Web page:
William Buckels

William Buckels (aka Willem Bueckelszoon or William Buckelsson) was a 14th century Zealand Fisherman who discovered a fish preservation technique that led to the Dutch becoming a seafaring power.

About The Discovery of Salt Herring

Sometime between 1380 and 1386 William Buckels of "Beer Creek" (Biervlet) in Zeeland discovered that "salt fish will keep, and that fish that can be kept can be packed and can be exported".

This discovery created an export industry for salt herring that was monopolized by the Dutch. They began to build ships and eventually moved from trading in herring to colonizing and the Dutch Empire.

The process that William Buckels discovered is called gibbing in which the gills and part of the gullet are removed from the fish, eliminating any bitter taste. The liver and pancreas are left in the fish during the salt-curing process because they release enzymes essential for flavor. The fish is then cured in a barrel with one part salt to 20 herring. Today many variations and local preferences exist on this process.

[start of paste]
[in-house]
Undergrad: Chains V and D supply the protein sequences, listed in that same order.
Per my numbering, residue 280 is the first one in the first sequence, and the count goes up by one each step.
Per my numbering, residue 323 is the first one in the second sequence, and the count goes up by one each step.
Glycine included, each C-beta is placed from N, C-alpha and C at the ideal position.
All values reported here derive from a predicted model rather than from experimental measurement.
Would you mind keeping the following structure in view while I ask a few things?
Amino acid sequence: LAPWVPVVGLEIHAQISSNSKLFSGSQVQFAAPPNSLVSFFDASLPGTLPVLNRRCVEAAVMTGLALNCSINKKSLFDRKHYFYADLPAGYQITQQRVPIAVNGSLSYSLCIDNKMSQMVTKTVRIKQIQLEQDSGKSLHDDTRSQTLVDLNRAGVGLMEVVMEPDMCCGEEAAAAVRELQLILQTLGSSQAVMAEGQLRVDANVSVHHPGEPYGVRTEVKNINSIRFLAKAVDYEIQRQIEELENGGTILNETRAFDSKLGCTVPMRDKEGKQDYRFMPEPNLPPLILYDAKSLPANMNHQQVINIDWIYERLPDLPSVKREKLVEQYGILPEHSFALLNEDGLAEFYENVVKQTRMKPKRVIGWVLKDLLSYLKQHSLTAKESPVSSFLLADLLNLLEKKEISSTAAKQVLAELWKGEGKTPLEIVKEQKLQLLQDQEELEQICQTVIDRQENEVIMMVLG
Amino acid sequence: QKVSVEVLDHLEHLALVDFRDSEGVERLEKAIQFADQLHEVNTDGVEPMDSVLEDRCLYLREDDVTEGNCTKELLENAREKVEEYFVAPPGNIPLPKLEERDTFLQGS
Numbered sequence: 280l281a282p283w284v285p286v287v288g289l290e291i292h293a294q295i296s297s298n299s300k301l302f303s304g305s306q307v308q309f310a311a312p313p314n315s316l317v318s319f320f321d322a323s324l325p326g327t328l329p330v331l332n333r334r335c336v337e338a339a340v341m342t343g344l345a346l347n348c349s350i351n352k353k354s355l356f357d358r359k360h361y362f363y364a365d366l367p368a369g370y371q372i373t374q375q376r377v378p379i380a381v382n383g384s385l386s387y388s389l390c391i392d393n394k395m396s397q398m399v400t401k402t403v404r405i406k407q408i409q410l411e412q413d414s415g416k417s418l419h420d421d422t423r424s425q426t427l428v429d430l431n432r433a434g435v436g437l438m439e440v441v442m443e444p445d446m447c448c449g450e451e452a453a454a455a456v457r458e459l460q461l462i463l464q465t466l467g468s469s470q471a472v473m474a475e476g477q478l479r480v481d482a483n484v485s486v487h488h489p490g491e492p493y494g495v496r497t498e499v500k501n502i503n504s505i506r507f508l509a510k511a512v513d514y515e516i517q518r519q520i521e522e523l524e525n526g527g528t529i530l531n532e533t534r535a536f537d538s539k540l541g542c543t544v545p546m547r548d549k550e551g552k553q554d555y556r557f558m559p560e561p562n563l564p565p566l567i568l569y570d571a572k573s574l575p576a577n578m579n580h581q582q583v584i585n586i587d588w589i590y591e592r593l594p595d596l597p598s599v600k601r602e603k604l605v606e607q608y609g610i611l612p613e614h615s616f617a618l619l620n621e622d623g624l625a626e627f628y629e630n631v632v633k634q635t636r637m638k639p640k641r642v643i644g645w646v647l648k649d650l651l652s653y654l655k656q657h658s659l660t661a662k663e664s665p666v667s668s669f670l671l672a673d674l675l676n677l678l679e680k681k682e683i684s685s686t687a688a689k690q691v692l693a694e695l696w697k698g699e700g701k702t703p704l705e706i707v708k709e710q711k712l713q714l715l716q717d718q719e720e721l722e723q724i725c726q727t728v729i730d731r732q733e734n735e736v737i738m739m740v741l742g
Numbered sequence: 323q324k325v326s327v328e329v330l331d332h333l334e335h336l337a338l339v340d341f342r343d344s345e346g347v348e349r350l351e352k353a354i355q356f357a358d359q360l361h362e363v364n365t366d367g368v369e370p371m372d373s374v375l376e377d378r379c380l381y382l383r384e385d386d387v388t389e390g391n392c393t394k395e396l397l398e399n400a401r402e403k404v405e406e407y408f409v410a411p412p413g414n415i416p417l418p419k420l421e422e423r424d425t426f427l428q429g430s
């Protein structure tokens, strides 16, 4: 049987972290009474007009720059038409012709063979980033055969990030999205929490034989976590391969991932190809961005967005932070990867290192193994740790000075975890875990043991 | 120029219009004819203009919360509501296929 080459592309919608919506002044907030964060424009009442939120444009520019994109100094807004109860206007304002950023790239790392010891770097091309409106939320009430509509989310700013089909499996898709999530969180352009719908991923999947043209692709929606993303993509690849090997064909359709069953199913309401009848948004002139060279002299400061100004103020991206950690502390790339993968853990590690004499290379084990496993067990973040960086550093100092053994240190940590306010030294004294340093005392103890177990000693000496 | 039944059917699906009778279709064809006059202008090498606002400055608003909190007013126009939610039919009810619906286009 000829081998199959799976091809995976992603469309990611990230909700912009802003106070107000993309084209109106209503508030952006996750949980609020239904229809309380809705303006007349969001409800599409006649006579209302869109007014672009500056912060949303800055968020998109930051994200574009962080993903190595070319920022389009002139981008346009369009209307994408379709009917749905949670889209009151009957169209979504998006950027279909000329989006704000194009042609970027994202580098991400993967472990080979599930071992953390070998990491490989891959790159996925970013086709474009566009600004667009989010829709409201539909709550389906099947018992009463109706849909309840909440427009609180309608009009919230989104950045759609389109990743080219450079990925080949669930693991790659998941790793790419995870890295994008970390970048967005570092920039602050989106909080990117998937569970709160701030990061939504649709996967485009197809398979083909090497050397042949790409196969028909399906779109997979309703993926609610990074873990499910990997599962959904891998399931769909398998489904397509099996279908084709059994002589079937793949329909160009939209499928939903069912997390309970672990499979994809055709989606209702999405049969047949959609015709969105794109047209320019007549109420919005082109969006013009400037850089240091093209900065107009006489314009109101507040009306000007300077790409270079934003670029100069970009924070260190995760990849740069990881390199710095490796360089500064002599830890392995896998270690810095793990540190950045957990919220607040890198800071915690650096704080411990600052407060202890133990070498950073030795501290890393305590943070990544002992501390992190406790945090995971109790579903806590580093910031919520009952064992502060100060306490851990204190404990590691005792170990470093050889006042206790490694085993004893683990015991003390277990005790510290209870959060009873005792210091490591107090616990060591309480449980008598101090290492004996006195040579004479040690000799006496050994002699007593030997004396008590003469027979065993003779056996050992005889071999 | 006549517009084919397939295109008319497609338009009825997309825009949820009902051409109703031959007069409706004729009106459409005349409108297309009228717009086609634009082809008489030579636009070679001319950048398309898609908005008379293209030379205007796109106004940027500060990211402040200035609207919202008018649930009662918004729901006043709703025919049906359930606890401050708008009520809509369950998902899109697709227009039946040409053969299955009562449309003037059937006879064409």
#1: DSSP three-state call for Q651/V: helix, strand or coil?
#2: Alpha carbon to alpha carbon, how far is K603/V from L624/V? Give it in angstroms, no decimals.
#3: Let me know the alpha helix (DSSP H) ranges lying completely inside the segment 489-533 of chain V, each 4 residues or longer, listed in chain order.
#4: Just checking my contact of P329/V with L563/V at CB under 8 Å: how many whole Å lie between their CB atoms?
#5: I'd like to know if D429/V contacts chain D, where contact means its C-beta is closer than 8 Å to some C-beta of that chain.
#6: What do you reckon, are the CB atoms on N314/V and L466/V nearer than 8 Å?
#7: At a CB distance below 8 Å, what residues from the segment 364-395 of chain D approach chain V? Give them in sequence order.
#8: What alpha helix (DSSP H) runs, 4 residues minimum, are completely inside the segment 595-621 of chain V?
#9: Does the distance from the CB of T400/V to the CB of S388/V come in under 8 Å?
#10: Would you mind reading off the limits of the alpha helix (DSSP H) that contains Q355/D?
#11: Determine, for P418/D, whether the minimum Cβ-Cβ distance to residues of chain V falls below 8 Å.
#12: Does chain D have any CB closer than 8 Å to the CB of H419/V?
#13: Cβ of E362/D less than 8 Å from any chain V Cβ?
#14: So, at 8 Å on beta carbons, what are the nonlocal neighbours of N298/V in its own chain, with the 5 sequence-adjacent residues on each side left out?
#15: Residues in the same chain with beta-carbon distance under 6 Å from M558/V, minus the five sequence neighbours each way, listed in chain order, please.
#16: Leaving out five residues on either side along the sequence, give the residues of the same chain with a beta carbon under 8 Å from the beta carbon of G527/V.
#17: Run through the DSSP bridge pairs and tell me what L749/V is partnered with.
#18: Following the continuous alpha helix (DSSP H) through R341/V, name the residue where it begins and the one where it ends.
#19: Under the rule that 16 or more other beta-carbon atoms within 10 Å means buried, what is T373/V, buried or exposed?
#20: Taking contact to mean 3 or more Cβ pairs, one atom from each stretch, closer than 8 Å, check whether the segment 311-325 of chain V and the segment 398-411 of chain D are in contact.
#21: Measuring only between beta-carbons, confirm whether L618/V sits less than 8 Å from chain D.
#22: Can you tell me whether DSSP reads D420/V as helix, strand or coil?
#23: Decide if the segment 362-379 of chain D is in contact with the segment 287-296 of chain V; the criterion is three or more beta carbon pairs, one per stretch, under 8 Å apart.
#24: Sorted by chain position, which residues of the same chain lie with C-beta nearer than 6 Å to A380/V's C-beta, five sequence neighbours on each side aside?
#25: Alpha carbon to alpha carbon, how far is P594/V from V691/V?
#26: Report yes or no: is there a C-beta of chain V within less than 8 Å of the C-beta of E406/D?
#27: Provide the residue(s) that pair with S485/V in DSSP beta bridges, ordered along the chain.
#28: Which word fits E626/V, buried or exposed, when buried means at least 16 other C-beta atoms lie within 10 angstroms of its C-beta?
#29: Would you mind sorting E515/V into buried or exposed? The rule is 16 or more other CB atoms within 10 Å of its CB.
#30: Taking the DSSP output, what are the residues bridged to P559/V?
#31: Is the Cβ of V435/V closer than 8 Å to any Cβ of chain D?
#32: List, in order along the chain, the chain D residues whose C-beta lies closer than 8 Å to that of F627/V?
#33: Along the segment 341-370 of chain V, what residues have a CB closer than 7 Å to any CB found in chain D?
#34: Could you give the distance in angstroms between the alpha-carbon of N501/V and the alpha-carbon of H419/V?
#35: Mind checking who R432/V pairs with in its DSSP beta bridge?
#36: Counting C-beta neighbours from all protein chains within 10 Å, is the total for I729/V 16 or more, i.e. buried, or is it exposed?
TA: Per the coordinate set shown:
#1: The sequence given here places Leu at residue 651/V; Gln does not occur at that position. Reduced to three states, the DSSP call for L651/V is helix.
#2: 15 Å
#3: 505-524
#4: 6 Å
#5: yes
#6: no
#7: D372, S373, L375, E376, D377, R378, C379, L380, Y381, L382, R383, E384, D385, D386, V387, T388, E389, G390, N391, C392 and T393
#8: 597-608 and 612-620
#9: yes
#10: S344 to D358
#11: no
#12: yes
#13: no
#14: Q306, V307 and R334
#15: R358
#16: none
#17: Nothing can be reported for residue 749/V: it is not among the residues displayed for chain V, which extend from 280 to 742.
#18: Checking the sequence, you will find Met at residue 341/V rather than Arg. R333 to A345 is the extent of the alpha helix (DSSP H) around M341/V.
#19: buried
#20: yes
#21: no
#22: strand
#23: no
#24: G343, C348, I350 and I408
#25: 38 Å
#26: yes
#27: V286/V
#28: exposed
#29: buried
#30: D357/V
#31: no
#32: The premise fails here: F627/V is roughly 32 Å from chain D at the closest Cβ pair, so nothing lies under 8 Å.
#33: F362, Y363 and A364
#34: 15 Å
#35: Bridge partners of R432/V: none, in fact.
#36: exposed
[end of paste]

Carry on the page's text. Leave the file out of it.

The Emporer Charles V erected a statue to Buckels honouring him as the benefactor of his country, and Queen Mary of Hungary after finding his tomb sat upon it and ate a herring.

Herring is still very important to the Dutch who celebrate Vlaggetjesdag (Flag Day) each spring as a tradition that dates back to the 14th century when fishermen went out to sea in their small boats to capture the annual catch, and to preserve and export their catch abroad thanks to the discovery of Salt Herring by William Buckels.

About William Buckels Links

--Bill Buckels 16:55, 24 November 2007 (PST)

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